Lupinus perennis (Wild Lupine)
|Also known as:||Sundial Lupine|
|Habitat:||part shade, sun; dry sandy soil; fields, prairies, edges of woods|
|Bloom season:||May - June|
|Plant height:||8 to 24 inches|
|Wetland Indicator Status:||none|
|MN county distribution (click map to enlarge):|
|National distribution (click map to enlarge):|
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Flowers are in a spike-like cluster to 8 inches long. Individual flowers are ¾ to 1 inch long and a typical pea-shape, on a short stalk. The lower parts of the flower are blue. The upper parts may be blue, or two-tone blue and purple, or blue and white. Both upper and lower parts have many darker blue veins running through them. The lower parts are forced open by insects to reveal a horn-shaped stamen. One plant has multiple spikes.
Leaves and stem:
Leaves are divided into 7 to 11 leaflets, radiating from a central point at the end of a long stalk. Leaflets are hairy, up to 2 inches long and ½ inch wide, have rounded tips, often with a small sharp point at the apex, and taper at the base. Stems are hairy to varying degrees and may become smooth with age.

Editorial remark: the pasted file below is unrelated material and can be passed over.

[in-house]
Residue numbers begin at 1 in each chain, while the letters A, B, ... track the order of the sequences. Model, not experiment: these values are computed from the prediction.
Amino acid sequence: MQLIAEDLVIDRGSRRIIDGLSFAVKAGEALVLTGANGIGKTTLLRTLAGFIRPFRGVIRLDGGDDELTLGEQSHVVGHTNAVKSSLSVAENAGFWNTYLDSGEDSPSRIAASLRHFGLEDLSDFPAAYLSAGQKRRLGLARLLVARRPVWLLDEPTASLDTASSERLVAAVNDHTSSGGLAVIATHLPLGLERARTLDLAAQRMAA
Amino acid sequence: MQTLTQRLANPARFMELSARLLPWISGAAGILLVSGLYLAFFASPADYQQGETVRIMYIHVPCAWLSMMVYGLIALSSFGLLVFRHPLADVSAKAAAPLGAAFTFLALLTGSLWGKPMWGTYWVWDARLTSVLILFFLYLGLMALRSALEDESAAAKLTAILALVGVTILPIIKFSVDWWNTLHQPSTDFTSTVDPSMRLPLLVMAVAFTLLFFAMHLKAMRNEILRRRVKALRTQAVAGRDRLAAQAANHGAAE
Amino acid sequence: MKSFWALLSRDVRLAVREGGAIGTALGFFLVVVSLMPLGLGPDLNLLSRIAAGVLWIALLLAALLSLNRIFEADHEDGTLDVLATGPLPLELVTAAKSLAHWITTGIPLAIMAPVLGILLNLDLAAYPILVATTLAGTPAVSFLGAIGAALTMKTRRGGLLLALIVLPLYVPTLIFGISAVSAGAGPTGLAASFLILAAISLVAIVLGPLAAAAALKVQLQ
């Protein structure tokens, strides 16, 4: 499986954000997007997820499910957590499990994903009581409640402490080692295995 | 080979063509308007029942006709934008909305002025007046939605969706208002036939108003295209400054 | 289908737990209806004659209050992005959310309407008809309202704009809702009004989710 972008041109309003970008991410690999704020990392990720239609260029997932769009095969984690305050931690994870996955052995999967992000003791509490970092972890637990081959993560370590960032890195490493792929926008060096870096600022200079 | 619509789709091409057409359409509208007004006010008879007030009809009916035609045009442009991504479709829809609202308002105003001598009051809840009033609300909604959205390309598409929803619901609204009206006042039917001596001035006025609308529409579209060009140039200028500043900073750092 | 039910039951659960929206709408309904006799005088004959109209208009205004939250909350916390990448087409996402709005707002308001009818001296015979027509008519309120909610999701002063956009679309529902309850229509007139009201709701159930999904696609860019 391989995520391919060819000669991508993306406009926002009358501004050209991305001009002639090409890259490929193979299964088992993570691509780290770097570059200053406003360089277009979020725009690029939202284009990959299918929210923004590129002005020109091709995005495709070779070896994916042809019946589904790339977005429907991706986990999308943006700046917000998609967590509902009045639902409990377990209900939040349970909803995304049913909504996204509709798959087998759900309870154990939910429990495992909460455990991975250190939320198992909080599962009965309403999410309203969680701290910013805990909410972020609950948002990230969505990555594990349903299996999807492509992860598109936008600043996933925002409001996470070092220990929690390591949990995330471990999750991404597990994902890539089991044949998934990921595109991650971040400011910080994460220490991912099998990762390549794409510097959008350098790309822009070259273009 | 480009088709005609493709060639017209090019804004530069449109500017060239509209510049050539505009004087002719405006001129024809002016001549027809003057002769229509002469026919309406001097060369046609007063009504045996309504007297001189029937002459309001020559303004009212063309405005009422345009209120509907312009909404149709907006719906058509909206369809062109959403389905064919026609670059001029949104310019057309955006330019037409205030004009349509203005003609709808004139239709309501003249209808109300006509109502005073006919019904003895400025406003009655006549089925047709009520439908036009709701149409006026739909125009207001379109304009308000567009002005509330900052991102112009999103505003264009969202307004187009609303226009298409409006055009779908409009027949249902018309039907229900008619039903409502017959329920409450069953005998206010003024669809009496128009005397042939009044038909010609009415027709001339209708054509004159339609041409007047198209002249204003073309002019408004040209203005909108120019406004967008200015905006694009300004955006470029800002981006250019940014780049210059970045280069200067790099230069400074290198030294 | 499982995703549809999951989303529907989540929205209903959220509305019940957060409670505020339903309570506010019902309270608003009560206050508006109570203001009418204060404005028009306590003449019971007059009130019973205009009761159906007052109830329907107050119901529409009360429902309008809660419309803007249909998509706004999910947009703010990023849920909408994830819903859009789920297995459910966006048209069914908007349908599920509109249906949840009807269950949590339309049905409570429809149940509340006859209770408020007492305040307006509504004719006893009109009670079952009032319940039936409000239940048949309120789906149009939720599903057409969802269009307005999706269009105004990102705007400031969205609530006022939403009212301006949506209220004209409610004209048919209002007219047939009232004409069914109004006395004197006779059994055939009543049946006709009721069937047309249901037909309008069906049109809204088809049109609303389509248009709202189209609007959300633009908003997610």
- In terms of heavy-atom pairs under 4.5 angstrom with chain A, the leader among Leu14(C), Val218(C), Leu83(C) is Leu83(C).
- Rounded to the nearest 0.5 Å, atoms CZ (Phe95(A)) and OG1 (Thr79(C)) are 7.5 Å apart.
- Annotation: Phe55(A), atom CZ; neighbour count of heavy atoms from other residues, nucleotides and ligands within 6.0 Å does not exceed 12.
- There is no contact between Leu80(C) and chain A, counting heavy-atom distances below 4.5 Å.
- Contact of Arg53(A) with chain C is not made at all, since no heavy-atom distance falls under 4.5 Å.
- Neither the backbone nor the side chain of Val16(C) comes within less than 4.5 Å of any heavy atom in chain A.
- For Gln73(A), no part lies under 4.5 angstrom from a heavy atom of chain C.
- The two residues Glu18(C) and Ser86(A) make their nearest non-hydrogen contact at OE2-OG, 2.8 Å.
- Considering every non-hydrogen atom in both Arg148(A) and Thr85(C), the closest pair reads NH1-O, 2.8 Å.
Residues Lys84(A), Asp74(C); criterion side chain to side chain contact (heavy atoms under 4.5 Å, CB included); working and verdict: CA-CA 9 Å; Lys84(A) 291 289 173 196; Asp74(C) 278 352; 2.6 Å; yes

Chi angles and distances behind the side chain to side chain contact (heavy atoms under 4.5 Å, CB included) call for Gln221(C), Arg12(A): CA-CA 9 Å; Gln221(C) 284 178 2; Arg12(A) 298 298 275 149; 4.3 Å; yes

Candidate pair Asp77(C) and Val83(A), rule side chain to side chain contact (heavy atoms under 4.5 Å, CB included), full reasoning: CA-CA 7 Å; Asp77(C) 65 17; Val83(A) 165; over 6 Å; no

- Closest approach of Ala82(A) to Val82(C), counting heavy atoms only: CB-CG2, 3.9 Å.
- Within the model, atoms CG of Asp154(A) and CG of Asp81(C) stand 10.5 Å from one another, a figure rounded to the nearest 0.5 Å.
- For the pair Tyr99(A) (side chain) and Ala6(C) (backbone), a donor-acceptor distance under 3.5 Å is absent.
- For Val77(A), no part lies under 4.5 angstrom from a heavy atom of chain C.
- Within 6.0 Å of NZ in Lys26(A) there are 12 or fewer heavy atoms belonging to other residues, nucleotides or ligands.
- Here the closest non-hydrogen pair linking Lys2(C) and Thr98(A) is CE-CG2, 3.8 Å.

Wild Lupine is the only host plant for the Karner Blue butterfly caterpillar. Habitat loss has led to the decline in plants, and put the Karner Blue on the endangered species list. At Wild River State Park efforts have been made to increase the Lupine population, as Karner Blues have been seen just across the St. Croix River in Wisconsin. I wish them success. A similar species in Minnesota is Large-leaved Lupine (Lupinus polyphyllus), native to western North America but introduced in the Midwest by gardeners, which has become invasive especially along the north shore of Lake Superior. It is overall a larger plant with taller spikes and 9 to 17 leaflets.
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Photos by K. Chayka taken at Long Lake Regional Park, Ramsey County. Photos by Peter M. Dziuk taken in Chisago County and in a private garden in Anoka County.
Have you seen this plant in Minnesota, or have any other comments about it?